ACC Releases Rotating Crossover Opponents Schedule Through 2024

Matchups Like Clemson/Virginia Tech Will Be A Lot Less Frequent Going Forward

Cross-Divisional Matchups Like Clemson/Virginia Tech Will Be A Lot Less Frequent Going Forward

I’ve written about this elsewhere, so I’ll keep this post brief; just wanted to make sure I got a post up about it, and provided links to team-centric reactions where applicable.

Yesterday, the ACC announced its scheduling matrix for rotating divisional crossover opponents from the 2014 season through 2024. With two seven-team divisions, it’s nothing too complicated. Each team simply plays the six other schools in its own division, plus one permanent crossover (make it stop!) and a rotating crossover. The result, unfortunately, is only playing schools in the same conference once every six years (and once every 12 at home). So for those keeping track at home, ACC schools will play Notre Dame more often in a 12-year stretch than they’ll play schools in the opposite division. “TOTALLY MAKES SENSE.”

Everyone has some gripes here and there — specifically the North Carolina schools, some of whom fall victim to the situation described above — but on the bright side, it’s nice to have a decade’s-worth of football opponents already set in stone. Sadly, it does kill off any big ideas for divisional realignment, which is another major downside to all of this. Still, check out the graphic the league put together (they’re getting very good at these):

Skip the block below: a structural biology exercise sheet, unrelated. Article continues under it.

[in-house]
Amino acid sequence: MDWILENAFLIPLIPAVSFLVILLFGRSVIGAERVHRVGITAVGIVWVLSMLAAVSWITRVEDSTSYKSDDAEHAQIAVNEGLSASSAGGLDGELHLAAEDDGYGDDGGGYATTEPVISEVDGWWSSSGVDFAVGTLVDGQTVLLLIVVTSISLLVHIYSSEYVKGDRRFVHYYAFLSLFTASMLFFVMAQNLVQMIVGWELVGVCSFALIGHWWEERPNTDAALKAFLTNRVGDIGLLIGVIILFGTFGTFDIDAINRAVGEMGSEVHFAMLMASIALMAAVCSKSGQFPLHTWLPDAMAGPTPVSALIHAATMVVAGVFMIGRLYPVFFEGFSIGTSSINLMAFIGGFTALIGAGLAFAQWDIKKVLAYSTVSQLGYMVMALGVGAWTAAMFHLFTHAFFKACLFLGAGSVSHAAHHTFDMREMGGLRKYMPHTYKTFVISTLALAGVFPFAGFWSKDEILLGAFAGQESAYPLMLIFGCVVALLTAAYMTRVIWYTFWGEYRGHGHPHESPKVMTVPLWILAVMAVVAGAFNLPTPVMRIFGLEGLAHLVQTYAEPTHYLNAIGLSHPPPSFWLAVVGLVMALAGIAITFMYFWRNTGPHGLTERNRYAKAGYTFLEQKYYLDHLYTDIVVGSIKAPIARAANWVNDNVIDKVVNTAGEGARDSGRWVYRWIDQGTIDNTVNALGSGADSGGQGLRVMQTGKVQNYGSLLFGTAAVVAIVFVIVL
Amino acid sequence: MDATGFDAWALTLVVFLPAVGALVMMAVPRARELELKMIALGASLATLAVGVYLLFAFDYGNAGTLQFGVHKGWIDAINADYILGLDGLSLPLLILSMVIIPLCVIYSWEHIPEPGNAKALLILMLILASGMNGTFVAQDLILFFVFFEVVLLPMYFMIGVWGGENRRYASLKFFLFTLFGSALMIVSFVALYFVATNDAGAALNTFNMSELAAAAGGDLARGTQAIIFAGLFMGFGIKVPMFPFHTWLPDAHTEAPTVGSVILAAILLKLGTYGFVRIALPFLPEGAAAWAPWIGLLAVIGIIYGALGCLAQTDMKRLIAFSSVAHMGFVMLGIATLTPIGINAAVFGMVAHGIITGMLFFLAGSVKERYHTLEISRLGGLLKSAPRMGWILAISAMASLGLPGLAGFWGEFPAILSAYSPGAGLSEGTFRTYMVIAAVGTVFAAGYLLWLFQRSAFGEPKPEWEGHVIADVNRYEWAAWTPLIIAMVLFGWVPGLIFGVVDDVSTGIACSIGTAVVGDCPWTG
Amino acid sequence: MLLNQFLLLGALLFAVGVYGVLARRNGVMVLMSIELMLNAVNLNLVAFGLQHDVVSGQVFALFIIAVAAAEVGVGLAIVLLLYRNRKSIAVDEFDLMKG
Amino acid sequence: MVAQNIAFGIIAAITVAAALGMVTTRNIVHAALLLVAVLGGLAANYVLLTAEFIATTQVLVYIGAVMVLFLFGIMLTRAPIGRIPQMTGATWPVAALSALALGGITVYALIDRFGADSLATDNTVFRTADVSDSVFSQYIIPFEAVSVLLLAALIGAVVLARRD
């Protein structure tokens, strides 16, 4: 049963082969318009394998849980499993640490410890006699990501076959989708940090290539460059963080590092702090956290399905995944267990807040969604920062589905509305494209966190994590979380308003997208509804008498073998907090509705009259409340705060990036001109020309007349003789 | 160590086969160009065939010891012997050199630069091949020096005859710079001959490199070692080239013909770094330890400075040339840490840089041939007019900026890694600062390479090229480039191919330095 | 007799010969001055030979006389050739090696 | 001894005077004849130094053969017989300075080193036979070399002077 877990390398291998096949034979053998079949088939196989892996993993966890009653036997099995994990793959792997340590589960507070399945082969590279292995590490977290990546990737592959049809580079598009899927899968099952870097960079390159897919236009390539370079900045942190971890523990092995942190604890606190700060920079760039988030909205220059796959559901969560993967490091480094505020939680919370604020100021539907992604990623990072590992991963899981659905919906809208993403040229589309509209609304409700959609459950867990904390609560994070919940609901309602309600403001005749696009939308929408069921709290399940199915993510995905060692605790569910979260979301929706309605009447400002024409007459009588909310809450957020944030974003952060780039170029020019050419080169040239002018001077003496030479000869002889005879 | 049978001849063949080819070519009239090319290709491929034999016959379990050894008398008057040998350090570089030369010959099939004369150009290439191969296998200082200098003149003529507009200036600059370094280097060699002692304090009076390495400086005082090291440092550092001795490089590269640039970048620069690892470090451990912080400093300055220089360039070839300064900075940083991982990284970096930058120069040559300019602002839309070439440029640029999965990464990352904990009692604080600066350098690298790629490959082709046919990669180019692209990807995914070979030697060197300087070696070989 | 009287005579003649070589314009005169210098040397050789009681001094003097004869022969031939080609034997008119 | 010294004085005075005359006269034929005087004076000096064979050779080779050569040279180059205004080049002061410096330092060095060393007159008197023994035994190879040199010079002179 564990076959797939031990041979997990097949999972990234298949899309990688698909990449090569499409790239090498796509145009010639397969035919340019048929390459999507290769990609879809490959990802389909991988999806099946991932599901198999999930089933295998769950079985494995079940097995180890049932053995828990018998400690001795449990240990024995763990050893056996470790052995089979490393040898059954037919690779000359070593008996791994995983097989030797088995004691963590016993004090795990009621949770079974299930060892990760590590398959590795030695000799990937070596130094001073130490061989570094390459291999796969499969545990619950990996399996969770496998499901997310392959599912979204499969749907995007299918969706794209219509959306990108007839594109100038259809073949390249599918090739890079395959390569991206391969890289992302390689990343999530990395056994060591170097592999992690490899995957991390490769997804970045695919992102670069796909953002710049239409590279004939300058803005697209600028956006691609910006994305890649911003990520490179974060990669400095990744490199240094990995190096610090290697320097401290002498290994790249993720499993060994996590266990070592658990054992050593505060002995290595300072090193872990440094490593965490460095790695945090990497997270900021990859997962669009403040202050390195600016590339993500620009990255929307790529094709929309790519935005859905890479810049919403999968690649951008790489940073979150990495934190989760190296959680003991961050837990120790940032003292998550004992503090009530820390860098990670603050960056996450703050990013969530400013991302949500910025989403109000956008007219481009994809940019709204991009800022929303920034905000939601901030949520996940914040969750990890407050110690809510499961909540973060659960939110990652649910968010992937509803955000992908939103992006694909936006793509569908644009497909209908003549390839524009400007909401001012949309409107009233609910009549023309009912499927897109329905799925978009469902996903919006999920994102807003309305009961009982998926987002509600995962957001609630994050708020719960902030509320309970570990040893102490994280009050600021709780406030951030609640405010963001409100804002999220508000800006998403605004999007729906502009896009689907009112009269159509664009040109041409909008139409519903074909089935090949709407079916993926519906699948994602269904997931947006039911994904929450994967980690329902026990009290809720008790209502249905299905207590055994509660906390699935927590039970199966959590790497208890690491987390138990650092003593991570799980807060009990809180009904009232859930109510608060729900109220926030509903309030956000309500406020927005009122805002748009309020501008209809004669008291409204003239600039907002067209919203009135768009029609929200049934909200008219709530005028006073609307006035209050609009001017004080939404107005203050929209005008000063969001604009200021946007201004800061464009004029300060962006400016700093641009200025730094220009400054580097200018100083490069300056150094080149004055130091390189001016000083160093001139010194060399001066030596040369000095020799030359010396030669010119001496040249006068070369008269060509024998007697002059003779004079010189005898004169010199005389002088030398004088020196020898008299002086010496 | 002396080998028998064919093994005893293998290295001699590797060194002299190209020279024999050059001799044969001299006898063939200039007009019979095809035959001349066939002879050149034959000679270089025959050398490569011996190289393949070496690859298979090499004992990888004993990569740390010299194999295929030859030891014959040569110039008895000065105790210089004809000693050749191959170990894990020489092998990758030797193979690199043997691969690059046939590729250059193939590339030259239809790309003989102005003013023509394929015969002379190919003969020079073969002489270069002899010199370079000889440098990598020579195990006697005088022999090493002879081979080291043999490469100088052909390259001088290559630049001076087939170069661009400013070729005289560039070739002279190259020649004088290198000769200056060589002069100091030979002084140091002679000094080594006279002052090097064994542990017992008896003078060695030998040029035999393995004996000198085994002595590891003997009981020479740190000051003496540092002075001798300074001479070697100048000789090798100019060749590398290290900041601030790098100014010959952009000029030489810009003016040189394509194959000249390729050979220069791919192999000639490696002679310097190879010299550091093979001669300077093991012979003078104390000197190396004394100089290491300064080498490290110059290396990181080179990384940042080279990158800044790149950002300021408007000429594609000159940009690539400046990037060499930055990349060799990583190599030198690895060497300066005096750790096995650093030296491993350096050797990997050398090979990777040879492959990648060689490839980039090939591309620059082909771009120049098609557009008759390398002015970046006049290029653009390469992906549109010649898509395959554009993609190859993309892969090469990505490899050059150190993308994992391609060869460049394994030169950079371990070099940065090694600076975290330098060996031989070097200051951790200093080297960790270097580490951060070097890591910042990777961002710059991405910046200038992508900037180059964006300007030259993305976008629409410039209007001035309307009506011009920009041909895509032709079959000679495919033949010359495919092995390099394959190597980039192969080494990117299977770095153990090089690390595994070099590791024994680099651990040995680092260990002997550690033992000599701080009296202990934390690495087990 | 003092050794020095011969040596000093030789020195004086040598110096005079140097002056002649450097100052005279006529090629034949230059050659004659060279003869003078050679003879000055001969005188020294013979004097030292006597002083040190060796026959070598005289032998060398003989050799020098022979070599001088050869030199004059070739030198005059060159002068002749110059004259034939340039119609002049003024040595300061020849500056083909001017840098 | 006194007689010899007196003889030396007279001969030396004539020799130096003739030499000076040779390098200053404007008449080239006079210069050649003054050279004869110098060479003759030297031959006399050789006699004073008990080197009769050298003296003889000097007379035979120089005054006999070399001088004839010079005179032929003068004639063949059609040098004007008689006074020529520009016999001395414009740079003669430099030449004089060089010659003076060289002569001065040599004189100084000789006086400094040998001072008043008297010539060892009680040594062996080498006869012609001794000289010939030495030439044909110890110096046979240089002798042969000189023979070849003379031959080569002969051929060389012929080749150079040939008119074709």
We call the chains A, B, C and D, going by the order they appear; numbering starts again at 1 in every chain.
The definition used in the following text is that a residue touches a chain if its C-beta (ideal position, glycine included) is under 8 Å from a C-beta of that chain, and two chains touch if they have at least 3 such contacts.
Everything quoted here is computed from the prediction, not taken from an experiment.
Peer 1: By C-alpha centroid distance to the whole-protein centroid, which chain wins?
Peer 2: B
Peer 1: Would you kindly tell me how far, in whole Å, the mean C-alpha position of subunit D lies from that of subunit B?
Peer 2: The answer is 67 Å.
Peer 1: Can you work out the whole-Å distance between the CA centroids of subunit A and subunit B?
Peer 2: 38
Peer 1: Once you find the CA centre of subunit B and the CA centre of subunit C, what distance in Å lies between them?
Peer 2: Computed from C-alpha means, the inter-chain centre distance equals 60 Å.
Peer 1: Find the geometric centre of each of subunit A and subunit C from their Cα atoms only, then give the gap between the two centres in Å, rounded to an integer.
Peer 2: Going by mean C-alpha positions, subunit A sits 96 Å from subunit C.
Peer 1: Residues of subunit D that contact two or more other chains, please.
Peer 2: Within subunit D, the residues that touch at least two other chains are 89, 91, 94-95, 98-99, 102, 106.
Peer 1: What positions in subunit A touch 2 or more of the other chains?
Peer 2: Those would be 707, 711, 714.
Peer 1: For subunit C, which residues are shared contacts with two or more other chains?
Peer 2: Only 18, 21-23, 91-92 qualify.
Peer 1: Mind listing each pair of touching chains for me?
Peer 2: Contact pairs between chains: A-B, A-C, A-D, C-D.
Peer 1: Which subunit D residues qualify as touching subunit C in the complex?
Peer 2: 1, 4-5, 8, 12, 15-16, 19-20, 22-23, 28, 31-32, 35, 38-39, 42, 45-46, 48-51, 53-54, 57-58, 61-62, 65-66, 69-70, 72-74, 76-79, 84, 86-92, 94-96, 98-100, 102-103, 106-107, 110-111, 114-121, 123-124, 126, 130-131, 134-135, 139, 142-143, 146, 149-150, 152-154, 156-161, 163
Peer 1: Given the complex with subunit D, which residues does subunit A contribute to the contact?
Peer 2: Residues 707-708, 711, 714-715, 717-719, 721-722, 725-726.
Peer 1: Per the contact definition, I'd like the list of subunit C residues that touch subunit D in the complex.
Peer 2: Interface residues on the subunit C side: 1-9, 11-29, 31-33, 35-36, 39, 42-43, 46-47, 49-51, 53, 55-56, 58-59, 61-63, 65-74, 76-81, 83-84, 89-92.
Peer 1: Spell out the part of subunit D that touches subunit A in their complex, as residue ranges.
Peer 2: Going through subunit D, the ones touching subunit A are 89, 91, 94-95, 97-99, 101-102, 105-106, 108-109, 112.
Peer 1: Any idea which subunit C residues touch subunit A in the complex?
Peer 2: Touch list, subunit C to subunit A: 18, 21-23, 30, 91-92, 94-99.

ACC FOotball Opponents 2014-2024 Divisional Crossover Rivals Atlantic Coastal Rotating

(click to enlarge)

Below you can read up on team-by-team reactions over on SB Nation, including the Syracuse perspective which was penned by yours truly yesterday afternoon.

Boston College: BC Interruption

Florida State: Tomahawk Nation

NC State: Backing the Pack

North Carolina: Tar Heel Blog

Pittsburgh: Cardiac Hill

Syracuse: Troy Nunes Is An Absolute Magician

Any additional thoughts? Share your complaints/suggestions to make things better below!

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7 thoughts on “ACC Releases Rotating Crossover Opponents Schedule Through 2024

  1. This is a terrible scheduling system.

    If scheduling ND is such a problem for Clemson, FSU, and GT that the ACC had to roll back the 9 game schedule to 8 games I would just opt them out of the ND rotation and move back to 9 conference games. Then you could construct Notre Dame’s 5 game agreement as follows.